Your job search requires more skills and knowledge than you might imagine. According to a recent survey by talent mobility consulting firm Lee Hecht Harrison, 76 percent of job seekers admitted they need improvement in these key areas: résumé writing, targeting jobs, interviewing skills, networking techniques, using social media and writing cover letters. But today's job search is going to take more than basic skills, so be sure to brush up on the new competencies required for today's proactive marketing campaign. If you assume you can submit your résumé to job postings and land a job in a couple of weeks, think again.
Don't underestimate social media. According to the LHH study, only 7 percent of the respondents thought they needed help with their social media skills, while 33 percent believed their résumé needed help. According to Peter Alcide, the firm's president and chief operating officer, "Many of us lack the self-awareness to understand which skills we need to improve and how to improve those skills."
Don't discount the importance of a professional, on-brand social media presence. Begin increasing your familiarity with LinkedIn first. Take advantage of its portfolio-like features and group discussions, and maximize the keywords in your title, summary and experience sections. LinkedIn is the "go-to" hub for recruiters and hiring managers, however, they are searching for information online too. Take control of the information you provide online and build a strong professional presence to ensure the best information is discovered first. Social media isn't just about what you had for breakfast, it is strategic marketing and relationship building rolled into one.
Proactive prospecting. If you were launching a new product into the market, you would have a detailed plan outlining how you would introduce it to potential customers. You are that new product, so ask yourself: "Who are my potential customers?" In other words, who are the companies that need you to solve their problems? When you identify companies that need your skills, it enables you to proactively market yourself to hiring managers and inside connections instead of waiting for a job to become posted. Initiating outreach efforts before a job is publicly announced also gives you greater exposure because you aren't competing with hundreds of applicants for the hiring manager's attention.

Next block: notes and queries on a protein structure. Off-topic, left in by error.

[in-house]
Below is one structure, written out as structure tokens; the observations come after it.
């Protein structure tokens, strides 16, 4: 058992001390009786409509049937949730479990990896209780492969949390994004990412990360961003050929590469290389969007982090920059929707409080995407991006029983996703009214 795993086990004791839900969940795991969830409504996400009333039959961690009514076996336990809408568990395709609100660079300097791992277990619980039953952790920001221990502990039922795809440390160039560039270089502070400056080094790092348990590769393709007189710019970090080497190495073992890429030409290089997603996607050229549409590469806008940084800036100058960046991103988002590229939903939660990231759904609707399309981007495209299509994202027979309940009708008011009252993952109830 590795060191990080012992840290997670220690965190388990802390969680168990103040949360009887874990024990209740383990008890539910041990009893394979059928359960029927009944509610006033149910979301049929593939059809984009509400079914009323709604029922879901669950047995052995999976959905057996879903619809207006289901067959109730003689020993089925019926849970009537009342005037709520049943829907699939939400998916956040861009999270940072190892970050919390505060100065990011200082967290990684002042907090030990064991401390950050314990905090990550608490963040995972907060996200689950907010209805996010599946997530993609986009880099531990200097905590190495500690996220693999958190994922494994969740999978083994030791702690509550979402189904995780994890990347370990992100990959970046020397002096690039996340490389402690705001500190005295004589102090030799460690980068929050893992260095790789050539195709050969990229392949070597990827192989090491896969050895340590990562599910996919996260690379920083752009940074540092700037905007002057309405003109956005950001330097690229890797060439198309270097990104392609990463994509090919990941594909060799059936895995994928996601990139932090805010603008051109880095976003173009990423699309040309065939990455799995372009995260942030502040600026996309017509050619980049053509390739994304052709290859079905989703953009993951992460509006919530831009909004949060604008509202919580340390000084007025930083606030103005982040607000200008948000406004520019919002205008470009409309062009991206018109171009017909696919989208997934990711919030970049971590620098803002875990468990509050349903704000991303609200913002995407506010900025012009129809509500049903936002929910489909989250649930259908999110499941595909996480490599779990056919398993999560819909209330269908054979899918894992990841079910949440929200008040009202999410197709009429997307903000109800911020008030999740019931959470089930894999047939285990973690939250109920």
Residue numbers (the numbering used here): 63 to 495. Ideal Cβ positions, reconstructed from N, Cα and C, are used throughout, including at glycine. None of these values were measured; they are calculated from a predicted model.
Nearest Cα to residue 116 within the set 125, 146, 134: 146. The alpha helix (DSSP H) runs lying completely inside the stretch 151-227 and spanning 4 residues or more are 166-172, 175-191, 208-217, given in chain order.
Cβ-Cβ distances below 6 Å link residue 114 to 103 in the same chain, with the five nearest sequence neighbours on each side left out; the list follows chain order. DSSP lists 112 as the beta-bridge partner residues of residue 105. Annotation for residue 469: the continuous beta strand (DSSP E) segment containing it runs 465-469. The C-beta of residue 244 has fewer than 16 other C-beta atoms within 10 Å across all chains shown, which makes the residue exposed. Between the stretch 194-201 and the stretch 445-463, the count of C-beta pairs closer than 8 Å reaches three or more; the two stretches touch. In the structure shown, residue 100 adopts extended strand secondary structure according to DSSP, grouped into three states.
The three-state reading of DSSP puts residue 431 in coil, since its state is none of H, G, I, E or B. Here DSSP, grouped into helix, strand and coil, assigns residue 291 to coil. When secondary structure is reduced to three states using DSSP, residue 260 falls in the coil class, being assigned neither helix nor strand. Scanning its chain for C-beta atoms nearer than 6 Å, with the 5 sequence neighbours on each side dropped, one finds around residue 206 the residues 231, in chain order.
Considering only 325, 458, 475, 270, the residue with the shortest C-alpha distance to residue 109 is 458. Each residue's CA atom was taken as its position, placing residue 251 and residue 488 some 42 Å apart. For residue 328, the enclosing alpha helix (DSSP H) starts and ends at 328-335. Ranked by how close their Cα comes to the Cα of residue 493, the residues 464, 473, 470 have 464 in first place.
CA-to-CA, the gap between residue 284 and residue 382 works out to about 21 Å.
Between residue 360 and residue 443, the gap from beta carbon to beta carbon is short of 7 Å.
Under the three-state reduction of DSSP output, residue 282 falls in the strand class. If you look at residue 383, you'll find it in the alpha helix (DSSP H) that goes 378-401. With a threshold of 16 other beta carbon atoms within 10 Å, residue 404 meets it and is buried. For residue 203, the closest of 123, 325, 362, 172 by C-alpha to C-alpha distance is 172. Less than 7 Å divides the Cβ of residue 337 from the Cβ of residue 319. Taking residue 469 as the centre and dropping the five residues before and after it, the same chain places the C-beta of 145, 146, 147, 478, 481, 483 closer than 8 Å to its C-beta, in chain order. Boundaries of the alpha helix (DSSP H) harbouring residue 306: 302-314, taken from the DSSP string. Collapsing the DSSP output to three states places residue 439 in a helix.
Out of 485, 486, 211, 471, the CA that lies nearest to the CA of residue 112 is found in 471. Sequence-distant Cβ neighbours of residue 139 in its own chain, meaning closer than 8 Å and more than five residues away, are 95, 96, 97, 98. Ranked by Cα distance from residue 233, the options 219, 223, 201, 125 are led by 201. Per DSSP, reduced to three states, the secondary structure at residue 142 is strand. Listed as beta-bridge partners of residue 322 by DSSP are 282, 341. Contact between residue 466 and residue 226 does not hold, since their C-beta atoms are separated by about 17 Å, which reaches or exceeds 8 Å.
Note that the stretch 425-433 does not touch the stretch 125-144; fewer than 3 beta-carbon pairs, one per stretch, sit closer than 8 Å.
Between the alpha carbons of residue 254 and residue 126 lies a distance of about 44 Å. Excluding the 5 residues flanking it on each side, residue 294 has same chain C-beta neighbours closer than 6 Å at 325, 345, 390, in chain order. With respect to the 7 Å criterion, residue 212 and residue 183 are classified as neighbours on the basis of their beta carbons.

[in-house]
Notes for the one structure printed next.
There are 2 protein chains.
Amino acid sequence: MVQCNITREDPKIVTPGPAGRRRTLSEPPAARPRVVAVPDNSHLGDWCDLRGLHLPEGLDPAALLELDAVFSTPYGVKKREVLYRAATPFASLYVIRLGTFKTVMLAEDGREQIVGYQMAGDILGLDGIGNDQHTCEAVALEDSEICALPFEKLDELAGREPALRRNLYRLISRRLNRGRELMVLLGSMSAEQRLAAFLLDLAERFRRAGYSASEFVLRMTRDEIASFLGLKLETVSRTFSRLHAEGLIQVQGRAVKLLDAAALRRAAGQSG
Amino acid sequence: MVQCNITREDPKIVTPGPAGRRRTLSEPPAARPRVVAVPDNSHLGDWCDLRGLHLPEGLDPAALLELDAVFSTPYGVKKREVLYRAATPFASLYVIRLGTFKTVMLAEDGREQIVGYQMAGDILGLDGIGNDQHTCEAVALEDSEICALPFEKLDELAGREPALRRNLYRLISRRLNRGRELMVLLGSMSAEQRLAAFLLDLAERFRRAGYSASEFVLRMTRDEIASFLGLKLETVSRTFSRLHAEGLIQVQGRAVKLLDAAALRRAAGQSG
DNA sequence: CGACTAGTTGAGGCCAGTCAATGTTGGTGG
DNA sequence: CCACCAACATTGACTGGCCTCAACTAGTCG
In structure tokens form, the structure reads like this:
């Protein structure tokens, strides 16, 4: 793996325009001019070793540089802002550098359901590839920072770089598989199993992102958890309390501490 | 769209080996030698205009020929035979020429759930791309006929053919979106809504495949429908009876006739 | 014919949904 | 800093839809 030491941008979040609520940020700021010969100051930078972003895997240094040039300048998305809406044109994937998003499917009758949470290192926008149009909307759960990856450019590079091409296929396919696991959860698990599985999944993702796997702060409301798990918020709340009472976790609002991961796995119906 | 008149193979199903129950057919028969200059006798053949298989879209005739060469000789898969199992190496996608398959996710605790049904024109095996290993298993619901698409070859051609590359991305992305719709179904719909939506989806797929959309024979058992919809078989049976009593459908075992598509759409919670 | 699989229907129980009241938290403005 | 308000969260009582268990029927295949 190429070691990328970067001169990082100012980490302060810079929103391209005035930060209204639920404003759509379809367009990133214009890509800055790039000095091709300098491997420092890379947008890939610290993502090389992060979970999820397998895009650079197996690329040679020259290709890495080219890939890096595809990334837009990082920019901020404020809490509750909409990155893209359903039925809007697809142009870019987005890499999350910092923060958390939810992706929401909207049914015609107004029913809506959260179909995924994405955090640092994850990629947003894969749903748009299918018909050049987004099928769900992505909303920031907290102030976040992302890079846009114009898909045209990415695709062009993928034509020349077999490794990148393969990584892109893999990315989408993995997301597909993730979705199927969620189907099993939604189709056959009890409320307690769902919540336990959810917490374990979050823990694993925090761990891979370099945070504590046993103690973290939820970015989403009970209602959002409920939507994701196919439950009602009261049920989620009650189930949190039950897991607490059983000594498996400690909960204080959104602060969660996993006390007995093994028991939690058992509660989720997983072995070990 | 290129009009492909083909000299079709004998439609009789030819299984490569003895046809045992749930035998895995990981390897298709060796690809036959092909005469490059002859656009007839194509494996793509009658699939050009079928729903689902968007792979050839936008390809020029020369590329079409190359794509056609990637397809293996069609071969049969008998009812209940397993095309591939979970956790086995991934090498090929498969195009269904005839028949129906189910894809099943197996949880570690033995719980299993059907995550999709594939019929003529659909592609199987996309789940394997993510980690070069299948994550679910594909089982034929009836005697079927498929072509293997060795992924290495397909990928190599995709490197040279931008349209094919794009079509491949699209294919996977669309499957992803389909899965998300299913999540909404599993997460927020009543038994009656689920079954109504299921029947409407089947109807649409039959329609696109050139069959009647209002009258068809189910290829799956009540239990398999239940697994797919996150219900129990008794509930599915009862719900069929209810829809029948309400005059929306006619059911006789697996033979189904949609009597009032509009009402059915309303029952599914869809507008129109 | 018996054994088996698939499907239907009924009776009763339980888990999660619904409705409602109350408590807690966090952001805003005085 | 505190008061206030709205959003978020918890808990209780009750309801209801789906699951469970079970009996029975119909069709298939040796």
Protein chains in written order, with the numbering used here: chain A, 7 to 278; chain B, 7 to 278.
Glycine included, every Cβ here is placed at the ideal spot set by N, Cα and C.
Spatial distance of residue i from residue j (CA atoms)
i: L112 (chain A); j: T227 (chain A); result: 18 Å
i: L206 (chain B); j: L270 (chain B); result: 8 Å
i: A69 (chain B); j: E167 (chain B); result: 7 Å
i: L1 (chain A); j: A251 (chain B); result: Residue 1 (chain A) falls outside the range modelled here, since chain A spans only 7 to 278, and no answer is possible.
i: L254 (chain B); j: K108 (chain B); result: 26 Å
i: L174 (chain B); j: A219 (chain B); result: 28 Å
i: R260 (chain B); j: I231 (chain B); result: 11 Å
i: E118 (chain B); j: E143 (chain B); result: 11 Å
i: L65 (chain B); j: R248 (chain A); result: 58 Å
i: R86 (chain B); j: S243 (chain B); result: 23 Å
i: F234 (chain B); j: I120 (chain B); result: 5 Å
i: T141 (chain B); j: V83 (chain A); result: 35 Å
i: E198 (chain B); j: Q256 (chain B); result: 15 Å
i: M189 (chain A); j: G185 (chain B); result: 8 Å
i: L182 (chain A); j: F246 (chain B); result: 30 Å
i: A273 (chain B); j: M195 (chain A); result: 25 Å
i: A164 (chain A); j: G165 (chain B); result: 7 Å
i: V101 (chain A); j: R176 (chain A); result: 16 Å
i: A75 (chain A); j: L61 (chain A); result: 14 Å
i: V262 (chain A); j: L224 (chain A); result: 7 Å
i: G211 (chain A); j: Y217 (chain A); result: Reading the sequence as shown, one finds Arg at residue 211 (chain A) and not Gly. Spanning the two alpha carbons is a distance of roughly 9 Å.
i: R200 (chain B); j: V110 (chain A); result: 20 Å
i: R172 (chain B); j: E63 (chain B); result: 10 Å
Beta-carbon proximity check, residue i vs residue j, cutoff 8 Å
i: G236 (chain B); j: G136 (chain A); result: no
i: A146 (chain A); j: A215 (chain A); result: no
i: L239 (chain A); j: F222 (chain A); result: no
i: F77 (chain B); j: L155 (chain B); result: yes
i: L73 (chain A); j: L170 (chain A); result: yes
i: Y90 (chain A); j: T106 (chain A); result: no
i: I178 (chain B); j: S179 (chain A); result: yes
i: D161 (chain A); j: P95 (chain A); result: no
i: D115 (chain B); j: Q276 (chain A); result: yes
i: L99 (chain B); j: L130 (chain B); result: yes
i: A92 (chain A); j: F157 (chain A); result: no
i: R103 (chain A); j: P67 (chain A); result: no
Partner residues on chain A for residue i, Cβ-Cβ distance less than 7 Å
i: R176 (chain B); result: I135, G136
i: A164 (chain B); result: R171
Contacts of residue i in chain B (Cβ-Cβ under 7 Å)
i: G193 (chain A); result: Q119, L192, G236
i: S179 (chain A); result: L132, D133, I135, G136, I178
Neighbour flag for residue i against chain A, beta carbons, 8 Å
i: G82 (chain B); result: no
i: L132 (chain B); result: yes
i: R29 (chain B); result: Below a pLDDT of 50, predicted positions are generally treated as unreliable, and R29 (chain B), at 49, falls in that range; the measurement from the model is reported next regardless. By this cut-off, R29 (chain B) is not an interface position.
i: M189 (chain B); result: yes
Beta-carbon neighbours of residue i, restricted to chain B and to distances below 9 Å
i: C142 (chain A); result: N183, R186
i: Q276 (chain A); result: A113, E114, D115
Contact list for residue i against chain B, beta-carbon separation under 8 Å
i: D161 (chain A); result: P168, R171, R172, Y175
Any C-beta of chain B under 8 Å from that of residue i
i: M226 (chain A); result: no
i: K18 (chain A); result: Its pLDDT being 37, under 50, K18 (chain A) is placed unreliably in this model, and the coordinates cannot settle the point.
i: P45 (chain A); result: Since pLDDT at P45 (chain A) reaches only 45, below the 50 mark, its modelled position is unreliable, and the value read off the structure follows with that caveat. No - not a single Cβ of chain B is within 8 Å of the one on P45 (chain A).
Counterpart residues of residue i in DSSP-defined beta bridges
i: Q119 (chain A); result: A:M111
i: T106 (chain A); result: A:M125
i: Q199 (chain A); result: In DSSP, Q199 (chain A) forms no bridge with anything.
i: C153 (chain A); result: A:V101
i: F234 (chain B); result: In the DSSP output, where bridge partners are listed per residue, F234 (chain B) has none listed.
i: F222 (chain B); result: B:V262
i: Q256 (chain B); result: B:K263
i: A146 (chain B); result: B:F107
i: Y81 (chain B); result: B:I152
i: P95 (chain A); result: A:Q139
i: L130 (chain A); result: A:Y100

Time management and expectations. Setting a realistic time frame for landing your next job helps prevent frustration and sets the pace. Employers are taking longer to fill vacant jobs, some even claim they are having difficulty finding the right talent. There's an old rule of thumb that suggests it takes one month for every $10,000 you made to find your next job. If you made $60,000, a conservative estimate is that it would take approximately six months to secure a new job. This should help you budget and plan for the long-haul ahead. Treating your job search like a full-time job requires more than just going through the motions of filling out online applications and submitting résumés. It means using a calendar to schedule your activity every day. It also means creating a project timeline and developing a system to ensure important follow-up actions don't slip through the cracks. You are building a new routine and habits that require you to stick with this often uncomfortable new system for at least 30 days.
Don't fly solo. If you think you can search for a job alone, the answer is, you can't. According to Alcide, job seekers struggle in their job search because they lack the guidance and support needed to be effective. Because your job search is likely to take longer than you want, you're going to need a wingman or two for ideas, advice and the occasional pep-talk. Joining a job club or enlisting the help of a coach can make all the difference to your securing a job quickly.
Networking: The no. 1 skill everyone still needs to master. Networking is not sending an email blast to all your contacts informing them of your quest for a new job. Only 11 percent of the respondents to the survey admitted they needed more help in this area. Could this be because networking is one of the most misunderstood concepts? It is inconceivable that such a low percentage of job seekers think they need help, especially because more than one third of the U.S. population is made up of networking-adverse introverts. This isn't a one-time transaction - effective networking has to begin before you need a new job. It is establishing trusting, long-lasting relationships and this happens when you exchange mutually beneficial information. The take-away here is don't overestimate your networking prowess.
This isn't rocket science. You don't need an advanced degree in a job search, but you do need to understand proactive techniques and understand what is expected by recruiters and hiring managers today. You will need to put forth more effort than ever before. It would be wise to conduct a quick self assessment of your job search preparedness and be sure to measure your strengths in time and project management, proactive marketing and learning more about social media. Luckily, there is no shortage of information online. Alcide states: "A lack of preparedness, skill and confidence in developing a résumé, uncovering job leads or conducting an interview will lengthen the time a job seeker remains unemployed."
Hannah Morgan is a speaker and author providing no-nonsense career advice; she guides job seekers and helps them navigate today's treacherous job search terrain. Hannah shares information about the latest trends, such as reputation management, social networking strategies, and other effective search techniques on her blog, Career Sherpa.